As you know from last week, I love the Misfit Toys. Besides the fact I just think they are cute, they make me empathize with them. Every single one of us has been a “misfit toy” AT LEAST once in our lives. On some level, somewhere with someone, we were a misfit. There is an excellent chance that we too have seen or created a misfit in the workplace. I saw one this weekend. I was out running a few quick errands and walked into a large, well-known retailer and was welcomed by a greeter at the front doors. Yes, she said hello. Yes, she asked if I needed a cart. Yes she was dressed in her appropriate “uniform” and even had a Santa hat on to complete the look. The problem? She was extremely shy, socially awkward and looked miserable. I felt sorry for her and wanted to help her! Sure we need to fill positions to best meet the needs of our company, but we should be cognizant of if they the right person for the job. And if at all possible, place the right people in the right positions. And if they aren’t, do what you must to create a better fit for all parties involved. Consider it the gift that keeps on giving.
The head elf even tells Hermey, “You’ll never fit in! Now you come to elf practice, learn how to wiggle your ears, chuckle warmly, go hee-hee and ho-ho, and important stuff like that. A dentist! Good grief! ” Soon, both Rudolph and Hermey are singing the same song; “Why am I such a misfit? I am not just a nitwit. You can’t fire me, I quit. Seems I don’t fit in.”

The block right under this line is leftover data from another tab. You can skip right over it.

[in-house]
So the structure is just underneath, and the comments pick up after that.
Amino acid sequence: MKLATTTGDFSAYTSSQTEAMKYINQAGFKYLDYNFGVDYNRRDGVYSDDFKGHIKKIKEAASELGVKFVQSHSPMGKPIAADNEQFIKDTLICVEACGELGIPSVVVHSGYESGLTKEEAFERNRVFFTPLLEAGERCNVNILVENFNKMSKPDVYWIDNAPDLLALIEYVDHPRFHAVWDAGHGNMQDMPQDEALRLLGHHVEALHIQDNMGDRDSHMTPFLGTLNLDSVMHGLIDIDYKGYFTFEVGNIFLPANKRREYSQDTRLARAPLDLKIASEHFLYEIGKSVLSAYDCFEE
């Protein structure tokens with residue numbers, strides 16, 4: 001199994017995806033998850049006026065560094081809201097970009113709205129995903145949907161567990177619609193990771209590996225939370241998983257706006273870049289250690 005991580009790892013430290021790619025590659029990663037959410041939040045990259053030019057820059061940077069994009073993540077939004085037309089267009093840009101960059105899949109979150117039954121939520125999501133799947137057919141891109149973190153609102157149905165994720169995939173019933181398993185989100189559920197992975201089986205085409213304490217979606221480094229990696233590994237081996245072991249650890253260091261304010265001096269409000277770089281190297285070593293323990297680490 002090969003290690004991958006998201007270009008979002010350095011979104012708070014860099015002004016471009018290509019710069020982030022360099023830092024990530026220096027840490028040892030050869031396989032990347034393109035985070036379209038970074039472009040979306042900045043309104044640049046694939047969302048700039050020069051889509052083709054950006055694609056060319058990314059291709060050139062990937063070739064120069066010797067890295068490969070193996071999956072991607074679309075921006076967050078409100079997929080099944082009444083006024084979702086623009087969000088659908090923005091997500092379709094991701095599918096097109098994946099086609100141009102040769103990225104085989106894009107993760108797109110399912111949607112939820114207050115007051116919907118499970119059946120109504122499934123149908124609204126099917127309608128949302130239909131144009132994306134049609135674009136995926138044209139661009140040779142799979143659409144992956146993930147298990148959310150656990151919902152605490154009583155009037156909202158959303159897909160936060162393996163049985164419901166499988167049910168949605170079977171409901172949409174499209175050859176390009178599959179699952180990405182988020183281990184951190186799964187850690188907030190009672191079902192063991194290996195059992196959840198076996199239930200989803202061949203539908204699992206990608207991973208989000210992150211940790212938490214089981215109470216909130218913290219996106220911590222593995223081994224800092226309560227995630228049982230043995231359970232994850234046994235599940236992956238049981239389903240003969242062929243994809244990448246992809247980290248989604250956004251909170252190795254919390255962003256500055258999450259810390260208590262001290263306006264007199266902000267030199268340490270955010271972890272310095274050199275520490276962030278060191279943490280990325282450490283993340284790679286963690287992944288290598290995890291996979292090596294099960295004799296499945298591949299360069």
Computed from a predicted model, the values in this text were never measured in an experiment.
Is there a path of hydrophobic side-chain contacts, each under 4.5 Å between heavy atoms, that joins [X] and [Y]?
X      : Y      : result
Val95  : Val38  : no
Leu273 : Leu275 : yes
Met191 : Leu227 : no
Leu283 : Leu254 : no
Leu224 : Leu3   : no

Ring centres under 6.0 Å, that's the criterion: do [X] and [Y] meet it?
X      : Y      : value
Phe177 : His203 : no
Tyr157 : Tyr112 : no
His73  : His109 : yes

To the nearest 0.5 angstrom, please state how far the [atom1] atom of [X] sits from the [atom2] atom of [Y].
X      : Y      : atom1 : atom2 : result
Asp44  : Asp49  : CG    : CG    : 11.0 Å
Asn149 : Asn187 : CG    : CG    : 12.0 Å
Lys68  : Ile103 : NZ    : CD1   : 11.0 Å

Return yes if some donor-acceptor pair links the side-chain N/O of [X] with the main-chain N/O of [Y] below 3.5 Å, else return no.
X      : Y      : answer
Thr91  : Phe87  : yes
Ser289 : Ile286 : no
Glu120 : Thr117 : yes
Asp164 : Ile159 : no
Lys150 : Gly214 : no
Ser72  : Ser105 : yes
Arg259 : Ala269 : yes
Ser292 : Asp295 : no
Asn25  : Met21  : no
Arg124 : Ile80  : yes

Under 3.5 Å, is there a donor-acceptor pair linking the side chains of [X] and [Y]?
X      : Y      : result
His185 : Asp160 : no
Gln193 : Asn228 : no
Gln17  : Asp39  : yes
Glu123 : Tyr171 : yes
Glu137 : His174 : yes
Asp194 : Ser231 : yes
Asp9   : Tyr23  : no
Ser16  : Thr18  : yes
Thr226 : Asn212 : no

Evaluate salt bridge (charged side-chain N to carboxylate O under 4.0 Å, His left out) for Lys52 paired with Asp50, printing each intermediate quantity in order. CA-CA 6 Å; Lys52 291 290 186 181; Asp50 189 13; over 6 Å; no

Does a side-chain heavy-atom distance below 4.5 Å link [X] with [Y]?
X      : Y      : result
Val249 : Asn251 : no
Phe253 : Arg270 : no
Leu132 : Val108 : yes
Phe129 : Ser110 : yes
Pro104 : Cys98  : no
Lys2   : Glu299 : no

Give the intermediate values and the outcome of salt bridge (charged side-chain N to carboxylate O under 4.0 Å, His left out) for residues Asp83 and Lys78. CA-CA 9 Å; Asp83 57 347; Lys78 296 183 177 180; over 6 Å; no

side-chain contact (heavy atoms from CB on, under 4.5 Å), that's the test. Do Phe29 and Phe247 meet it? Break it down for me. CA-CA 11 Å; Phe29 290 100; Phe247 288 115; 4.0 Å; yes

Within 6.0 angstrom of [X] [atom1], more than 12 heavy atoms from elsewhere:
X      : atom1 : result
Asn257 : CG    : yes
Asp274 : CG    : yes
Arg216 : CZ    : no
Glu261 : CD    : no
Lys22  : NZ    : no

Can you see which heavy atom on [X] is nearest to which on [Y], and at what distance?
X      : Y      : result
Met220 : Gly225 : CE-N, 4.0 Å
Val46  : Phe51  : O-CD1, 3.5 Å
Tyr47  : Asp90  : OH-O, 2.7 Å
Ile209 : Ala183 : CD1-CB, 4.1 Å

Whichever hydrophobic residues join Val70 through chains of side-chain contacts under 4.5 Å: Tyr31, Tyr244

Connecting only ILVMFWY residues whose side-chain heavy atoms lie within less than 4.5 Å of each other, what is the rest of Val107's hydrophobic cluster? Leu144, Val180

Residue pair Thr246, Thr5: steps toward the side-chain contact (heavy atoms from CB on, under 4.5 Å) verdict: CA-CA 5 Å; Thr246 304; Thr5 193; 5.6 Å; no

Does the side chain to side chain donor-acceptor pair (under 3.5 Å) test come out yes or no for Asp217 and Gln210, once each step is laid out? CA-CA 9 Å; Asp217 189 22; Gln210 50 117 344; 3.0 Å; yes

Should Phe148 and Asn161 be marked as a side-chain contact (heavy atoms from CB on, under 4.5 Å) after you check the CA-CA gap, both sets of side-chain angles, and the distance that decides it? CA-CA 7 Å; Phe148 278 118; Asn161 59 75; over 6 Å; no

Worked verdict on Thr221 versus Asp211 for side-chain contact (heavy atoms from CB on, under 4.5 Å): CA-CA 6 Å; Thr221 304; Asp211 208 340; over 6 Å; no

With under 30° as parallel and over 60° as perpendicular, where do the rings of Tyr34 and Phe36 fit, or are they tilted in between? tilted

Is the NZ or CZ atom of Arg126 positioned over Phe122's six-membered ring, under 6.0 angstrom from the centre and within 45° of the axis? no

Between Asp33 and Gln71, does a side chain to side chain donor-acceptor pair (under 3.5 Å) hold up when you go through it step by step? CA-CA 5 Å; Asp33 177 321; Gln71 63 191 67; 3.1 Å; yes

As leaders, it is important that we have the right people in the right positions, matching an individual’s skills and desires with job function and team purpose. We also need to recognize when a team member shows an aptitude for another role. A good leader will help that person reach their career goal, rather than forcing them to be in a role they are clearly not a fit for.
Rudolph, feeling rejected, runs away and meets up with Hermey, on the road after quitting elf school. The two of them then meet Yukon Cornelius, the prospector who also doesn’t fit in with the general population. All three set out to try a find a place where they can fit in.
Rudolph, Hermey and Cornelius come upon the Island of Misfit Toys. There’s Charlie-in-the-box, Spotted Elephant, and more. Charlie is the sentry who welcomes them to the island. It is clear, as he bounces about, that he can be a great toy. The only thing “wrong” with him is his unexpected name. Spotted Elephant is cute and cuddly. He would make some little girl or boy a wonderful gift, except that his outside isn’t the color people would expect.
As leaders, we need an awareness of any pre-judgments we are attaching to people. Someone might not look or act the way we expect them to, but that doesn’t mean they can’t be successful. A team member might not have the background we expected, but they might still be well-skilled for the job at hand. Are we minimizing people because of our ideas, rather than welcoming them for theirs? Are we treating them as mis-fits, just because they are a little different?
I would be remiss if I did not remind you that the blogs this month are from Eleanor Biddulph and her article, 6 Leadership Lessons from Rudolph the Red-Nosed Reindeer.
Until next week…